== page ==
Join Date
    Apr 2009
    Posts
    2,467
    I took a look at the final trail map and compared it against Strava heat maps to get a sense on what trails are mostly ridden and the impact to mountain bikes on the reduction of tail mileage.

    Overall I am encouraged. Yes there is a lot of social trail to be obliterated but that slated to go in not the stuff that people mostly ride (at least what they GPS...) There are a few sections that give me pause but those sections that will get lost seem to be made up with new loops coming off the hobbits and the whole new system of trail on the north west side to connect up with the top of Schoolbus and the new Toll trail. If done right, these could be very good.

    Over the coming weeks I may generate a picture of the proposed new trails with the current strava heat map overlaid so you can see more clearly the changes on the active trails that we ride (and document..)

  20. #20
    Agent of tang
    Reputation:
    Join Date
    Aug 2005
    Posts
    1,109
    I don't strava so my heat won't show.

    What's interesting is I was looking over some of the earlier stuff, and the one I mentioned earlier as my favorite (now slated for obliteration) was not on the original action map at all. WTF?

  21. #21
    ..ouch
    Reputation: thump's Avatar
    Join Date
    Aug 2007
    Posts
    2,028
    Parenteau - saw your post in the P2PFW group. Hope your pup is okay.


    Dave - Not sure where your info is coming from. NATO has held several very well attended trail work days at WM with the USFS. Much of the work you're referencing on Bus is from that. NATO members also attended the BMA work days on the same trail (different sections). Several additional days that we would have like to put towards trailwork, were instead put towards cleanups. That trash wasn't clearing itself, and BoCo only recently started bringing up the prison crews.

    I cleared ~20 early-season WM trees one night before my saw took a dive, and a few others with the pack saw since.. but given the dozens from the winds this past winter and the secondary spring storm - the locals certainly don't have an exclusive.

    NATO and BMA leadership have also been meeting over the summer in anticipation of this Draft. Both groups are jointly discussing their respective comments prior to release.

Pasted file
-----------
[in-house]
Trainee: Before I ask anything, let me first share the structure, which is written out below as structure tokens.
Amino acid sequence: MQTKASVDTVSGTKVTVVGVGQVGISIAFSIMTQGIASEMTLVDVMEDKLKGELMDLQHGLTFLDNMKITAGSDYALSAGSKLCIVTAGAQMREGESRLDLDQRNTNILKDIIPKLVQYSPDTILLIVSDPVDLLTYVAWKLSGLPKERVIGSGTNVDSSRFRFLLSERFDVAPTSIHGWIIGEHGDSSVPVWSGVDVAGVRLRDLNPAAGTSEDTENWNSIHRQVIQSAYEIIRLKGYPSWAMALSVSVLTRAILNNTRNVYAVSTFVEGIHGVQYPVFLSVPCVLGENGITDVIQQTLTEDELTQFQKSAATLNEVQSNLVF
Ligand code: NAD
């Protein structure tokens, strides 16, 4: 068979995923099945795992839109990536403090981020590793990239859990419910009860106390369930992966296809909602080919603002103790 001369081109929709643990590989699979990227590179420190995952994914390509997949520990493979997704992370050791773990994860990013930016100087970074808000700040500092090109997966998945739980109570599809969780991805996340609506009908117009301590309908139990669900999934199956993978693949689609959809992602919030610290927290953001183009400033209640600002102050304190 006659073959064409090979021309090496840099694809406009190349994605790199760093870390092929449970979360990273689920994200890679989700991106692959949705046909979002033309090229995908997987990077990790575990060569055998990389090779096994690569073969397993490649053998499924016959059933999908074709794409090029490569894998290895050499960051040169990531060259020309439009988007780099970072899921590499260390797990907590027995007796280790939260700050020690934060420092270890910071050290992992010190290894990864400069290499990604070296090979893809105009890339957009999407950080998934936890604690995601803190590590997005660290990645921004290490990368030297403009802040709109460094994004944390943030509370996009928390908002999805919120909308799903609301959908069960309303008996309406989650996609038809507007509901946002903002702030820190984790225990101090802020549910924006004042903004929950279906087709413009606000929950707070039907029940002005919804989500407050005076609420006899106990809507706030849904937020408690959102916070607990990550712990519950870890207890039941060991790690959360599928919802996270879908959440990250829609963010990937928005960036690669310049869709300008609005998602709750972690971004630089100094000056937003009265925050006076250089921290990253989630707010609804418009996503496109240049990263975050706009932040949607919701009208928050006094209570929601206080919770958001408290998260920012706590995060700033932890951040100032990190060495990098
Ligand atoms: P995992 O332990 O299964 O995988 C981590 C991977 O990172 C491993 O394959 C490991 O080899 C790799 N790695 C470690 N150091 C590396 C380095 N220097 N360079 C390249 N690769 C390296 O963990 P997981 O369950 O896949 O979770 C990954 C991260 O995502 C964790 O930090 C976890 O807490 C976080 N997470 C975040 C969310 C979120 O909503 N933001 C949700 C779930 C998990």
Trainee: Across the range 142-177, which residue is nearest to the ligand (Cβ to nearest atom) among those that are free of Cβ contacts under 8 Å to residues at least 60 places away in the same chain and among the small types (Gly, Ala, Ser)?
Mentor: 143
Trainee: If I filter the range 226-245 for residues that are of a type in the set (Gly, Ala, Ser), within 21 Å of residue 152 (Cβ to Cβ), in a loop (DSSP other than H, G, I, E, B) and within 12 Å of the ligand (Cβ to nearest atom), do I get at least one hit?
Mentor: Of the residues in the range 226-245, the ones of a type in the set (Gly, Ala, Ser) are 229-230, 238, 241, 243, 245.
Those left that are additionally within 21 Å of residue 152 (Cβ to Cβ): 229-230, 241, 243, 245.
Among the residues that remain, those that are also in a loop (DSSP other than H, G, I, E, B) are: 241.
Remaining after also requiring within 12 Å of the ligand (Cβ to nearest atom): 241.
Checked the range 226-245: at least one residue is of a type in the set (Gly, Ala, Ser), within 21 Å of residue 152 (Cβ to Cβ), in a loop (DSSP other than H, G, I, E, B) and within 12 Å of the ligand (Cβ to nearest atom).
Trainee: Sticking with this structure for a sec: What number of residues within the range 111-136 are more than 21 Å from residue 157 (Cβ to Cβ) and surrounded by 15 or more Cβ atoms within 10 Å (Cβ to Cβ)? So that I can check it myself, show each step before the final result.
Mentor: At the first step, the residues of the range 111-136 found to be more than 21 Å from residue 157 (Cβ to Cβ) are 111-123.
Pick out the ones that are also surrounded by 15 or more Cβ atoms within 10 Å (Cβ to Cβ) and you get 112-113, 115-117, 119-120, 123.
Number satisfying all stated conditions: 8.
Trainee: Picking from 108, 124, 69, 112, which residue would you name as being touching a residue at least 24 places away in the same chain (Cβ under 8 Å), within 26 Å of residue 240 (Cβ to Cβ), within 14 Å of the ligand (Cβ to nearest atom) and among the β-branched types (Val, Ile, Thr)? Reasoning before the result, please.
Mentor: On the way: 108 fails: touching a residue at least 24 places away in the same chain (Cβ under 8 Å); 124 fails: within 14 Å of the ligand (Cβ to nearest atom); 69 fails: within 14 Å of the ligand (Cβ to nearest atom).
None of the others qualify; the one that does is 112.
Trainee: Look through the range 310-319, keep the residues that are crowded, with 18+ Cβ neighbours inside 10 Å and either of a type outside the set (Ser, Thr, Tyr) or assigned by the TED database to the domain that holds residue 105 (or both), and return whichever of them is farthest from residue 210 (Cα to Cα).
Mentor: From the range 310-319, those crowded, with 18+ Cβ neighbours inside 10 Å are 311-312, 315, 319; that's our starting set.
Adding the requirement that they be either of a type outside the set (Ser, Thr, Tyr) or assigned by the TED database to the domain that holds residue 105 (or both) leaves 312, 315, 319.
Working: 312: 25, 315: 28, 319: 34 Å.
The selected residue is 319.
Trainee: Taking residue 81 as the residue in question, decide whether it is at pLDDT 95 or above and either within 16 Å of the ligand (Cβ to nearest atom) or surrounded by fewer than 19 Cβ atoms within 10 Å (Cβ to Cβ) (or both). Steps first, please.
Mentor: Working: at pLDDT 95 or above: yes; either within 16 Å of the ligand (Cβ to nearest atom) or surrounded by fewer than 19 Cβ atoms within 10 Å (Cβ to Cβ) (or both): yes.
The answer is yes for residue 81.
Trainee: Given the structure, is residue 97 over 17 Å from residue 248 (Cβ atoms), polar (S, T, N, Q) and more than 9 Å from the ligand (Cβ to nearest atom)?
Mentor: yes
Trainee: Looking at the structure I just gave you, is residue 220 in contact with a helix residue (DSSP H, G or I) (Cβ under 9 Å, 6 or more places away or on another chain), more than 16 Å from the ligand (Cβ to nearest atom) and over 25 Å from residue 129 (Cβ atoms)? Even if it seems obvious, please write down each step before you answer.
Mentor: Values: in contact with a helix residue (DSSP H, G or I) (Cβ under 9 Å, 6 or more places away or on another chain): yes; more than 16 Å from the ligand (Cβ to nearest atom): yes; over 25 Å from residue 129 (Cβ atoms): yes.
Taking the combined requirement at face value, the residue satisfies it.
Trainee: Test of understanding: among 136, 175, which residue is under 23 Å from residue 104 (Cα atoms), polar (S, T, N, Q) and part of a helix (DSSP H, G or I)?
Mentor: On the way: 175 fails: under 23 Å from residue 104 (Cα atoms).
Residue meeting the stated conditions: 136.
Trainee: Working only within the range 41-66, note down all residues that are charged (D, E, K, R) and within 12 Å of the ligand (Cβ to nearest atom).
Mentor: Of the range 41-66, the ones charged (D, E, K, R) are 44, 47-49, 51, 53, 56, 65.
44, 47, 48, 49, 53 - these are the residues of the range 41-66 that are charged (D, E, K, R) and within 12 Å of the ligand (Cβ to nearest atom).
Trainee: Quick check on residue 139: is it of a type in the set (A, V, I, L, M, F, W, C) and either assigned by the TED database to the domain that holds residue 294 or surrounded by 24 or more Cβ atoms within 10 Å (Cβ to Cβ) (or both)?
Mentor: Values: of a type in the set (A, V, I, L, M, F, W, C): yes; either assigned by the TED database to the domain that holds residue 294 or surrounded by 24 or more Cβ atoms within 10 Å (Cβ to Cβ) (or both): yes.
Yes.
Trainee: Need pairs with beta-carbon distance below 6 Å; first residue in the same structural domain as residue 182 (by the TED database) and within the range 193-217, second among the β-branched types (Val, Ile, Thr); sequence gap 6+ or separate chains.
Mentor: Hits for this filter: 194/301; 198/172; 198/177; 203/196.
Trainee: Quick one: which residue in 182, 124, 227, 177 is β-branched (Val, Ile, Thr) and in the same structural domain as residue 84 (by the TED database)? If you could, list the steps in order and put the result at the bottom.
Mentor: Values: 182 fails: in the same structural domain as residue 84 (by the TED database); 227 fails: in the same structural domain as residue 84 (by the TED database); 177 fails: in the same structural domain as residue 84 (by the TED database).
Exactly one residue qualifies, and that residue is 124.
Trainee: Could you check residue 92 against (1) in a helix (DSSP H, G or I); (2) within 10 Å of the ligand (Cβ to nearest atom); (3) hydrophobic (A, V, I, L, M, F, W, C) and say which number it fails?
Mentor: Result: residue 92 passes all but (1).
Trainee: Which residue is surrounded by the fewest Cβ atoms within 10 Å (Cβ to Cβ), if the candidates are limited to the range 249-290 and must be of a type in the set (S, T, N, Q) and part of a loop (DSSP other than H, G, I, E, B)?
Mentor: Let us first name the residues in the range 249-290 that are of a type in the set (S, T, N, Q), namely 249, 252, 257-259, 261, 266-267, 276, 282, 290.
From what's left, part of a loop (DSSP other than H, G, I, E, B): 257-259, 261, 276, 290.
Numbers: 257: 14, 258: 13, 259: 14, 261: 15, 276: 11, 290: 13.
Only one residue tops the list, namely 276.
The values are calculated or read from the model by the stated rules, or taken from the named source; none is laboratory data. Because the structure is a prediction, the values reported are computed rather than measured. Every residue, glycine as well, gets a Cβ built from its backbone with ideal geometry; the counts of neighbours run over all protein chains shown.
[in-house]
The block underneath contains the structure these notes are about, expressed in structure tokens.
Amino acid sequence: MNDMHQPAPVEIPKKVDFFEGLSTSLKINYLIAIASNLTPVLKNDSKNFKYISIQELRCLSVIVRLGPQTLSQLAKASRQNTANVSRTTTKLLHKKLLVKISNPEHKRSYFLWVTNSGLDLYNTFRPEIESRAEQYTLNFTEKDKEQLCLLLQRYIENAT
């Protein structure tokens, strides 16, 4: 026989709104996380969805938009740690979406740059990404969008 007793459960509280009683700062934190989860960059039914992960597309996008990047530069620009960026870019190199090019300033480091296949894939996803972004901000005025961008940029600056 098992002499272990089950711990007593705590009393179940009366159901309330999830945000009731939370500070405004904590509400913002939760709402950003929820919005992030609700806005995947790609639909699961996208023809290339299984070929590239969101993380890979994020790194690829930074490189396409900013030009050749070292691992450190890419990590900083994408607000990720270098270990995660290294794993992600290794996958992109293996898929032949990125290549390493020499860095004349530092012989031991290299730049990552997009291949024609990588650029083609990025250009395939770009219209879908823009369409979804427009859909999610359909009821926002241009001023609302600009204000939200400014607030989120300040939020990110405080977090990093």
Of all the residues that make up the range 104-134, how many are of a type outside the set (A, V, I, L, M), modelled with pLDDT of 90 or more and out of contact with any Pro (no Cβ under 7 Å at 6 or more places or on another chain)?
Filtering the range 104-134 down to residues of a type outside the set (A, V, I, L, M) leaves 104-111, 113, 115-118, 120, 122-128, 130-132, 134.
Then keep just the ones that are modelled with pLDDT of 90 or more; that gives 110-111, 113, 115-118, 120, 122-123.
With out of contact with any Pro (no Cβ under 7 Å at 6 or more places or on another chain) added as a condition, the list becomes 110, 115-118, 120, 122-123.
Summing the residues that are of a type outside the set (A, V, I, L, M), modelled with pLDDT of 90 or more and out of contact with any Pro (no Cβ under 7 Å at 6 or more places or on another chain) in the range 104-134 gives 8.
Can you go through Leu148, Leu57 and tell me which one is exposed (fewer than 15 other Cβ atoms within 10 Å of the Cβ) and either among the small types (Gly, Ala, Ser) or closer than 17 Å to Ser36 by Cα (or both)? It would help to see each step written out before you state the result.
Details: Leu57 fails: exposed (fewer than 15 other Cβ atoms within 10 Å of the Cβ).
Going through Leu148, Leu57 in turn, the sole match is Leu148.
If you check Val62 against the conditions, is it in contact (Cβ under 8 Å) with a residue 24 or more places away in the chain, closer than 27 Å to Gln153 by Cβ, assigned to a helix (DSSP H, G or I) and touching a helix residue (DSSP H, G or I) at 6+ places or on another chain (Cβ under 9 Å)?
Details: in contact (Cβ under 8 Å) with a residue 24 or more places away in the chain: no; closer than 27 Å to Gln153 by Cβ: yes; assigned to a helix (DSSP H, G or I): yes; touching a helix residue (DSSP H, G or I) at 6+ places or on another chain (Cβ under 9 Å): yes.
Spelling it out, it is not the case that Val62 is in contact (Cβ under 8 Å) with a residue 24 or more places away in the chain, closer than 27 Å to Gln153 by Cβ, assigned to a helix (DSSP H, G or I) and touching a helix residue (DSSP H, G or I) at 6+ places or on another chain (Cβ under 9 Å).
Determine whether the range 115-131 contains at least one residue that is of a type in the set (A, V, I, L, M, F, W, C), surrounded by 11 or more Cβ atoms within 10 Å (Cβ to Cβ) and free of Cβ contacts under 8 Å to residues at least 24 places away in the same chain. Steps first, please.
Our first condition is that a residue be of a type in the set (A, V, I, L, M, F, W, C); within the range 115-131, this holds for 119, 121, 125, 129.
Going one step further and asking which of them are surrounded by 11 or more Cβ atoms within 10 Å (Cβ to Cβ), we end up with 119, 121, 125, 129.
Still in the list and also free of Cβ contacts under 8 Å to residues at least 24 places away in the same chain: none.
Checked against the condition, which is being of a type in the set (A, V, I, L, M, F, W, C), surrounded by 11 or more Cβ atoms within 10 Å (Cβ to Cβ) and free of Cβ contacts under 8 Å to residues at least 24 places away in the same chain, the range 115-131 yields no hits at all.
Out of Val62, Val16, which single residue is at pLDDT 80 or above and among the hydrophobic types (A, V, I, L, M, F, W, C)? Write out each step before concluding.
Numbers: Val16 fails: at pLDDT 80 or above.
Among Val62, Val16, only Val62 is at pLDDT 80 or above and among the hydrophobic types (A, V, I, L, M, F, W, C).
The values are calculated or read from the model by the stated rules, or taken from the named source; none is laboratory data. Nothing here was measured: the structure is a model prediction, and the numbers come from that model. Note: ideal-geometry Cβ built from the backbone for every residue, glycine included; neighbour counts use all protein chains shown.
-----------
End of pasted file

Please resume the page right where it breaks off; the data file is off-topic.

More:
If the multi-use perspective of the group offends you, then I don't have another answer. Nearly everyone shares mountainbikes in common, but also has other hobbies. Helping represent the local community is why we are tied into Ned POSAC and other groups.

    If you want something to really chew on.. check out the "grade standards" outlined in the Draft Decision doc. That will make the concept of "DH" trails, ahh, challenging.

    -----
    Trail Alignment and Design:
    • Design stream crossings to minimize sedimentation and/or direct impacts
    • Minimize “fall line” alignments
    • As a general guideline, maximum trail grade should be 15 percent (except for natural or built rock structures). Average trail grade should stay under 10 percent (with grade reversals)
    • Follow the half-rule to the extent possible. A trail's grade shouldn't exceed half the grade of the side-slope.
    • Minimize alignments through completely flat areas where few drainage options exist the hillside
    • Apply cross drainage as frequently as needed to minimize erosion of the trail tread. Techniques include out-sloping where possible, dips and water-bars
    • Armor trail tread if/where needed. For highly technical trails where grade will sometimes exceed 15 percent, use natural rock, rock armoring or other rock features to add challenge and improve sustainability
    • Specify and maintain recommended trail widths
    • Minimize trail alignments within or directly adjacent to inner gorges, riparian vegetation zones, wetlands or stream channels
    • Consult US Forest Service Watershed personnel for review of trails with potential to impact soils and water resources
    • Trail/stream crossing will be constructed to limit erosion and avoided if at all possible
    -----

  22. #22
    ..ouch
    Reputation: thump's Avatar
    Join Date
    Aug 2007
    Posts
    2,028
    Quote Originally Posted by Johnny Ryall View Post
    Enforcing the camping limits is easier for a budget-constrained organization when it's onesy-twoseys. Some ranger notices somebody camped, comes back three weeks later for whatever reason and sees they are still there, call in LEO.

    But once it's 10s and hundreds (as it's getting to be in some areas now), somebody needs to actually catalog the campers. Way more time-consuming, and not gonna happen. Especially during fire season when all the green shirts are hoping to be sent out to work fires. The money FS employees make when they travel to a fire is quite good. They'd much rather be doing that than trolling around making notes about who's camping where starting when.

    Hopefully when cold season sets in most of the squatters will migrate south.